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TO LUND WASHINGTON. - George Washington, The Writings of George Washington, vol. XIV (1798-1799) 
The Writings of George Washington, collected and edited by Worthington Chauncey Ford (New York and London: G. P. Putnam’s Sons, 1890). Vol. XIV (1798-1799).
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TO LUND WASHINGTON.
Camp atCambridge, Augt. 20th, 1775.
Your letter by Captn. Prince came to my hands last night—I was glad to learn by it that all are well.—the acct. given of the behaviour of the Scotchmen at Port Tobacco & Piscataway surprizd & vexed me—Why did they Imbark in the cause?—What do they say for themselves?—What does other say of them?—are they admitted into Company?—or kicked out of it?—What does their Countrymen urge in Justification of them?—they are fertile in invention, and will offer excuses where excuses can be made.—I cannot say but I am curious to learn the reasons why men who had subscribed, & bound themselves to each other, & their Country, to stand forth in defence of it, should lay down their arms the first moment they were called upon.
Although I never hear of the Mill under the direction of Simpson, without a degree of warmth & vexation at his extreame stupidity, yet, if you can spare money from other Purposes, I could wish to have it sent to him, that it may, if possible, be set agoing before the Works get ruined & spoilt, & my whole money perhaps totally lost.—If I am really to loose Barrand’s debt to me, it will be a pretty severe stroke upon the back of Adams, & the expence I am let into by that confounded fellow Simpson, & necessarily so in seating my Lands under the Management of Cleveland.
Spinning should go forward with all possible dispatch, as we shall have nothing else to depend upon if these disputes continue another year—I can hardly think that Lord Dunmore can act so low, & unmannerly a part, as to think of seizing Mrs. Washington by way of revenge upon me; howevr. as I suppose she is, before this time gone over to Mr. Calvert’s, & will soon after retng., go down to New Kent, she will be out of his reach for 2 or 3 months to come, in which time matters may, & probably will, take such a turn as to render her removal either absolutely necessary, or quite useless—I am nevertheless exceedingly thankful to the gentlemen of Alexandria for their friendly attention to this point & desire you will if there is any sort of reason to suspect a thing of this kind provide a kitchen for her in Alexandria, or some other place of safety elsewhere for her and my Papers.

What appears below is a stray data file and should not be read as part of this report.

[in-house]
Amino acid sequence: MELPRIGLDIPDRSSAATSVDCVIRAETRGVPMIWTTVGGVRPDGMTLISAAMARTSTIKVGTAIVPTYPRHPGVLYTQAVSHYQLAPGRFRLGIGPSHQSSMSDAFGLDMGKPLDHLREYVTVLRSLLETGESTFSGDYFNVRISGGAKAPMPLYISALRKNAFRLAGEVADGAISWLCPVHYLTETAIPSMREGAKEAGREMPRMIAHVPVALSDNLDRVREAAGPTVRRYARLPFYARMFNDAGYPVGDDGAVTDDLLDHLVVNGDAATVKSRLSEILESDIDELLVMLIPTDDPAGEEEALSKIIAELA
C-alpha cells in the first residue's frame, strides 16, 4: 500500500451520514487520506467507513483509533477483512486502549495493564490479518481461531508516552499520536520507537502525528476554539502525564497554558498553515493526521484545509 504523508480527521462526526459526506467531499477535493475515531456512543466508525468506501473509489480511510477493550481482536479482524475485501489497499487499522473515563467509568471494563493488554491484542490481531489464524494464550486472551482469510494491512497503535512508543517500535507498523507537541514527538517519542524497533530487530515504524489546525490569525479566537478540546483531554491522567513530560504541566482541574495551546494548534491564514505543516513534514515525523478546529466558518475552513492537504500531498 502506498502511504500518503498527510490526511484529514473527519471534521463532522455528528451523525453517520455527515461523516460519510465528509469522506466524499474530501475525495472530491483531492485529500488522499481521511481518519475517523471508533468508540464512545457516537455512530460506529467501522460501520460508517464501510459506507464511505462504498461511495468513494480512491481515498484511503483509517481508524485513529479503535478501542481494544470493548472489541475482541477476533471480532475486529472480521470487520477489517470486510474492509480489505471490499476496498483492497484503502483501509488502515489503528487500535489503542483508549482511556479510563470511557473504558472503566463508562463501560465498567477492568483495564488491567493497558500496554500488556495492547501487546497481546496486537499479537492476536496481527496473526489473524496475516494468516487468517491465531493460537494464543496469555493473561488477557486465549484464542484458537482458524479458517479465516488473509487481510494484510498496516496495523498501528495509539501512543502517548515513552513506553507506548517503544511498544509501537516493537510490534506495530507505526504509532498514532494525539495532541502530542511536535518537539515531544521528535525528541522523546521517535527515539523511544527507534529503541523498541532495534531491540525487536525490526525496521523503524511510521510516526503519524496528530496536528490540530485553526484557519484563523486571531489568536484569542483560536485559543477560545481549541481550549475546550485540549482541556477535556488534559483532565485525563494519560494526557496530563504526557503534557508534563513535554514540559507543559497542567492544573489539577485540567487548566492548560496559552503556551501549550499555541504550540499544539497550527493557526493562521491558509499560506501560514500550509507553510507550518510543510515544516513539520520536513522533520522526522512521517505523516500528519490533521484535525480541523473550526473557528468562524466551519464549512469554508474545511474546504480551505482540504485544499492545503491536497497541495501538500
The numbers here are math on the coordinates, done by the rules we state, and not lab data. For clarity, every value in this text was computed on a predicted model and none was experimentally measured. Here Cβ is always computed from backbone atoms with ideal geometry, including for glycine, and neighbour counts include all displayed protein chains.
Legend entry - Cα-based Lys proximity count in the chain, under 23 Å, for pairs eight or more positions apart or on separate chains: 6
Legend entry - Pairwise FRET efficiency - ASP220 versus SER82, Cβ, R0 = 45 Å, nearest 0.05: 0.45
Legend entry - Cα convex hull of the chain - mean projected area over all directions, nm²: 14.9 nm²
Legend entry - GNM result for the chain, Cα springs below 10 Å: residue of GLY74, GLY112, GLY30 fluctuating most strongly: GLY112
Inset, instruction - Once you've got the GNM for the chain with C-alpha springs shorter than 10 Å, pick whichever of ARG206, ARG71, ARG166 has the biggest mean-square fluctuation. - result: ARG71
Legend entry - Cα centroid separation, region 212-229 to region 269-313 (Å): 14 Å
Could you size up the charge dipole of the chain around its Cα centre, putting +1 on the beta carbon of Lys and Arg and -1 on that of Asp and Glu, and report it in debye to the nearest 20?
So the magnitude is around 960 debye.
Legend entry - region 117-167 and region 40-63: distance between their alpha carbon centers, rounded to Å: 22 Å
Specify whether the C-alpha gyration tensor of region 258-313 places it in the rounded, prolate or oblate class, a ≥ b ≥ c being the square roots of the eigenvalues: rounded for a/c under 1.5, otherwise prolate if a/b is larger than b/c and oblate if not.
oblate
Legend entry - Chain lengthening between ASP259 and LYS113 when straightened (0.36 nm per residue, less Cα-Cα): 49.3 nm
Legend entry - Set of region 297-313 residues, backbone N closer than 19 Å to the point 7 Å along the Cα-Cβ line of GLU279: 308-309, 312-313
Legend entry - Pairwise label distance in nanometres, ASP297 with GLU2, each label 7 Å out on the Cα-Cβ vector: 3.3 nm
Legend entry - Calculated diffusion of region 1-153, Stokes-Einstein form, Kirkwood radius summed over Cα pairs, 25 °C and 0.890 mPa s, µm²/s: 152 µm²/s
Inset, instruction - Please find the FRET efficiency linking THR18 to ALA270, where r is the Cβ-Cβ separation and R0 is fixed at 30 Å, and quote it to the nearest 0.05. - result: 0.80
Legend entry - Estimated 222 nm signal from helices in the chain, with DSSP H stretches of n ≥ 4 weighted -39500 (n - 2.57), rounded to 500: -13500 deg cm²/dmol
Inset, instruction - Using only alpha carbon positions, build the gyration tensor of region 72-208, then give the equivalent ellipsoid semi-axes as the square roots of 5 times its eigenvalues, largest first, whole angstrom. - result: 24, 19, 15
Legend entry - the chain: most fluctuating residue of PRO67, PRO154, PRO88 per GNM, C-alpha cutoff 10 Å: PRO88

The People of this government have obtained a Character which they by no means deserved—their officers generally speaking are the most indifferent kind of People I ever saw.—I have already broke one Colo. and five Captains for Cowardice & for drawing more Pay & Provisions than they had Men in their Companies—there is two more Colos. now under arrest, & to be tried for the same offences—in short they are by no means such Troops, in any respect, as you are led to believe of them from the accts. which are published, but I need not make myself enemies among them, by this declaration, although it is consistent with truth.—I dare say the Men would fight very well (if properly officered) although they are an exceeding dirty & nasty people.—Had they been properly conducted at Bunkers Hill (on the 17th of June) or those that were there properly supported, the Regulars would have met with a shameful defeat, and a much more considerable loss than they did, which is now known to be exactly 1057 killed & wounded—it was for their behaviour on that occasion that the above officers were broke, for I never spared one that was accused of Cowardice but brot ’em to immediate Tryal.1